Parents warned of arrest for failing to report teen pregnancies

Teen pregnancies in Isiolo

Parents in Isiolo who fail to report that their teenage daughters are pregnant will be arrested as some them are said to be extorting money from perpetrators to protect them from arrest.

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Parents who fail to report that their teenage daughters are pregnant will be arrested, Isiolo County Commissioner Geoffrey Omoding has said.

Failure to report the cases makes it difficult for authorities to arrest and prosecute people who engage in sexual relations with underage girls.

Some parents, he said, were extorting money from perpetrators to protect them from arrest, thereby denying the victims justice.

Some 1,458 teenage girls in Isiolo became pregnant between January and November, down from 2,256 in 2021.

Early pregnancies among schoolgirls is one of the major impediments to the government's quest to raise literacy levels in the region.

Mr Omoding directed chiefs and their assistants to find the girls and ensure they return to school, saying the government wants to see all learners reach the highest level of education.

“The era of looking the other way and letting perpetrators of sexual and gender-based violence walk scot-free must end. Teenage pregnancies pose a serious threat to young girls and are unacceptable,” he said.

Most of the girls are lured into having unprotected sex with young men in exchange for basic items such as sanitary towels, fall victim out of curiosity about sex and the urge to experiment or are influenced by their peers.

About 21 million girls aged 15-19 in developing countries become pregnant every year, World Health Organisation (WHO) says.

Adolescent mothers face higher risks of eclampsia – convulsions that occur during pregnancy or shortly after birth and infections of the genital tract.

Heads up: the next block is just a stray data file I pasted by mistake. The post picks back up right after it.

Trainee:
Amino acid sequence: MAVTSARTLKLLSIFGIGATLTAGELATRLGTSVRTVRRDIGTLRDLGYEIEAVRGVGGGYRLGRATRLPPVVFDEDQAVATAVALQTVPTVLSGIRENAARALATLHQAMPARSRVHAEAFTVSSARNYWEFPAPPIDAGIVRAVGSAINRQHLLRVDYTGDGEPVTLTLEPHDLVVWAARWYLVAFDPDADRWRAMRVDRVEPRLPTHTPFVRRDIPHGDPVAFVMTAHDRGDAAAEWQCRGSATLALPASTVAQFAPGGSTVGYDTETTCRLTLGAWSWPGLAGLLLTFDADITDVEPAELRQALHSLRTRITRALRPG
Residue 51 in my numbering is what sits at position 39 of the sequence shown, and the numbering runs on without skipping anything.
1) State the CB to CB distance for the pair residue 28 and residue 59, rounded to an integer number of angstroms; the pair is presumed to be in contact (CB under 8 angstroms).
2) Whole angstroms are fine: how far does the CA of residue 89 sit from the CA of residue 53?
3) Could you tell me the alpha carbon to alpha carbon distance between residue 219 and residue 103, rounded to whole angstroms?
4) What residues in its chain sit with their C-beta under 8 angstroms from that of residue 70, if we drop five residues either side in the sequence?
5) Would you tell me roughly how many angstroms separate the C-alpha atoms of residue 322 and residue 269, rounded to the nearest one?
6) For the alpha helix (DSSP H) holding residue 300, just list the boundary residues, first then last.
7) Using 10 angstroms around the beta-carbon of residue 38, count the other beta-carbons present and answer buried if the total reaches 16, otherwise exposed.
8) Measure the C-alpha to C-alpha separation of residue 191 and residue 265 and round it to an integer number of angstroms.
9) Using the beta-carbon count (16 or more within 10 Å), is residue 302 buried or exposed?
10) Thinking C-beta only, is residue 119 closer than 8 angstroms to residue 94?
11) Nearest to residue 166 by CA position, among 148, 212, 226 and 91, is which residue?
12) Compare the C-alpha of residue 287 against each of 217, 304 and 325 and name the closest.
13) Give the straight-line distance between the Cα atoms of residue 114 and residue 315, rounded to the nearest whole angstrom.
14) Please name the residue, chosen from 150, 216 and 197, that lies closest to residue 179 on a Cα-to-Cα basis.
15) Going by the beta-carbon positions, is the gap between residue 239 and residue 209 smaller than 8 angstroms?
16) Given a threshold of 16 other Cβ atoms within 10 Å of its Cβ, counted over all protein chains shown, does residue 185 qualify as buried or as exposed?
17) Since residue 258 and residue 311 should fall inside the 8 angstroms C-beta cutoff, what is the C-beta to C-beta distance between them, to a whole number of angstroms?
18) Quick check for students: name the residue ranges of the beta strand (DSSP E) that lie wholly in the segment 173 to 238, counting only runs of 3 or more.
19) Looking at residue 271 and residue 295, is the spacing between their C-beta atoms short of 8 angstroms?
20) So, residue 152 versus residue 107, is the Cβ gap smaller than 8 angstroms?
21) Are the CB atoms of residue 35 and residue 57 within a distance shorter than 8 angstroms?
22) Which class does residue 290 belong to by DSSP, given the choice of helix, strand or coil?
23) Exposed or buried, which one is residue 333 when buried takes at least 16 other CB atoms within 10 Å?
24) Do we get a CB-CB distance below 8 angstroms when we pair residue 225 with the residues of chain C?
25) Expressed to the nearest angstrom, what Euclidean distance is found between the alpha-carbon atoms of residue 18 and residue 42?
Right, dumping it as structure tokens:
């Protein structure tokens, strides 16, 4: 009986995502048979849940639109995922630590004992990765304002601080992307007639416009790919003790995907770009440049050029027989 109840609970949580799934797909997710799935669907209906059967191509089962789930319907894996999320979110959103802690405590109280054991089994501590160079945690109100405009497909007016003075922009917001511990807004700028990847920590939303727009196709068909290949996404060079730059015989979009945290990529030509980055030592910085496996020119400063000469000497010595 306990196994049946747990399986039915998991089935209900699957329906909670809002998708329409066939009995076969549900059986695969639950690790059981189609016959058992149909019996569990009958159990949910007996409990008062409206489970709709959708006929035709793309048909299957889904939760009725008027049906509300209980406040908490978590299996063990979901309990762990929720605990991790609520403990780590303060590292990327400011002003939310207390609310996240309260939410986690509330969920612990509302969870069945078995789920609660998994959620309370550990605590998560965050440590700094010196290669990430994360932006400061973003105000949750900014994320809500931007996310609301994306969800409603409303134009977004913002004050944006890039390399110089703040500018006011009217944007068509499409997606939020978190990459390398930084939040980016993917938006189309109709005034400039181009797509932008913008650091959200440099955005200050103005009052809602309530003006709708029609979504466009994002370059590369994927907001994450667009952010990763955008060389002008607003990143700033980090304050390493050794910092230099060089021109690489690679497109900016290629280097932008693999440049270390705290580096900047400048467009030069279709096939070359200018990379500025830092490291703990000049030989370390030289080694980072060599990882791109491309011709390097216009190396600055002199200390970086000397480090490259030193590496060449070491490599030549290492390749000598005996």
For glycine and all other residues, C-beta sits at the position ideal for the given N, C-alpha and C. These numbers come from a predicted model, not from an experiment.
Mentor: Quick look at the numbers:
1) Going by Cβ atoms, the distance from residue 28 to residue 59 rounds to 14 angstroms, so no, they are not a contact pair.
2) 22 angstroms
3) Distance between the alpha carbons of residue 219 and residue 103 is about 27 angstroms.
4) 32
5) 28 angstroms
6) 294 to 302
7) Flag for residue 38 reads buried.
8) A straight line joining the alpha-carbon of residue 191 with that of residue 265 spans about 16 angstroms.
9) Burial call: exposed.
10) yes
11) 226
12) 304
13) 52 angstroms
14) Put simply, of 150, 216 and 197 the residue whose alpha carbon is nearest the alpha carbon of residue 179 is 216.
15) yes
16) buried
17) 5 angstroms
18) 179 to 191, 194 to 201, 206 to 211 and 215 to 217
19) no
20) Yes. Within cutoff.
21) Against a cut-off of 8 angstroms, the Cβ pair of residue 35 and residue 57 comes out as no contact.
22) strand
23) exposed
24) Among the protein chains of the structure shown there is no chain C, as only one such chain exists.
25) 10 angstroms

During yesterday's events to mark World Aids Day at the Isiolo town police grounds, Mr Omoding lamented rising infections among adolescents and young people, saying this posed a major threat in the campaign to end HIV and Aids by 2030.

Isiolo recorded a surge in HIV prevalence from 1.3 percent in 2021 to 1.8 percent this year, with mother to child transmissions now at 22.1 percent, according to county HIV and Aids coordinator Diba Galma.

Some 20 new infections among adolescents and 33 among those aged 15-24 have been reported since January, with the total number of residents with the virus at 3,347, he said.

Because of the high rate of infection among adolescents and youths, Mr Galma said his office was sensitising locals on the need to avoid unprotected sex, but he lamented inadequate funding.

“We have established 22 comprehensive care centres across our health facilities to offer testing for expectant women so that we can prevent vertical transmission and also have point of care centres where they can pick up the drugs,” Mr Galma said.

Of those who have the virus, only 1,882 visit health facilities to pick up antiretroviral drugs, with some suspected to be getting the drugs from neighbouring counties because they fear stigma.

To beat stigma and encourage people with HIV to live with a positive attitude, Isiolo Interfaith Network chairperson Ahmed Sett and secretary Stephen Kalunyu urged residents to be compassionate and show love to them.

“They are our brothers and sisters and we should therefore treat them well and support them,” said Mr Sett, who is also the treasurer of the National Council of Elders.

Mr Kalunyu, of Nica church, asked HIV patients to take ARV drugs religiously so as to boost their immunity. He also appealed to the county government to provide them with food.

“This is not a death sentence. You can live for long if you consistently take the drugs as prescribed by the medics,” he said.

The clerics warned parents against allowing their daughters to be hired as domestic helpers, saying they fall prey to young men.

“Spend ample time with them to understand the challenges they go through and offer them moral guidance so that they do not become pregnant while in school,” he appealed.

Youth leader Osman Shariff Abukar said emphasising good morals was a better way to prevent new HIV infections compared with urging young people to use condoms.

“Condoms encourage infidelity because one believes they will not get infected even after sleeping with many women. We should teach young people good morals and inculcate the culture of being faithful to their partners if they have any,” Mr Abukar said.

Mr Omoding lamented that most men were not seeking HIV testing and encouraged them to do so.

“Visit voluntary counseling and testing centres to know your status. A majority of us carry medicine (in our pockets) to treat various illnesses. HIV is no different,” he said at the celebrations that only a few men attended.

He asked parents to monitor their children during the December holidays to ensure they are not lured into promiscuous behaviour, warned them against subjecting girls to female genital mutilation.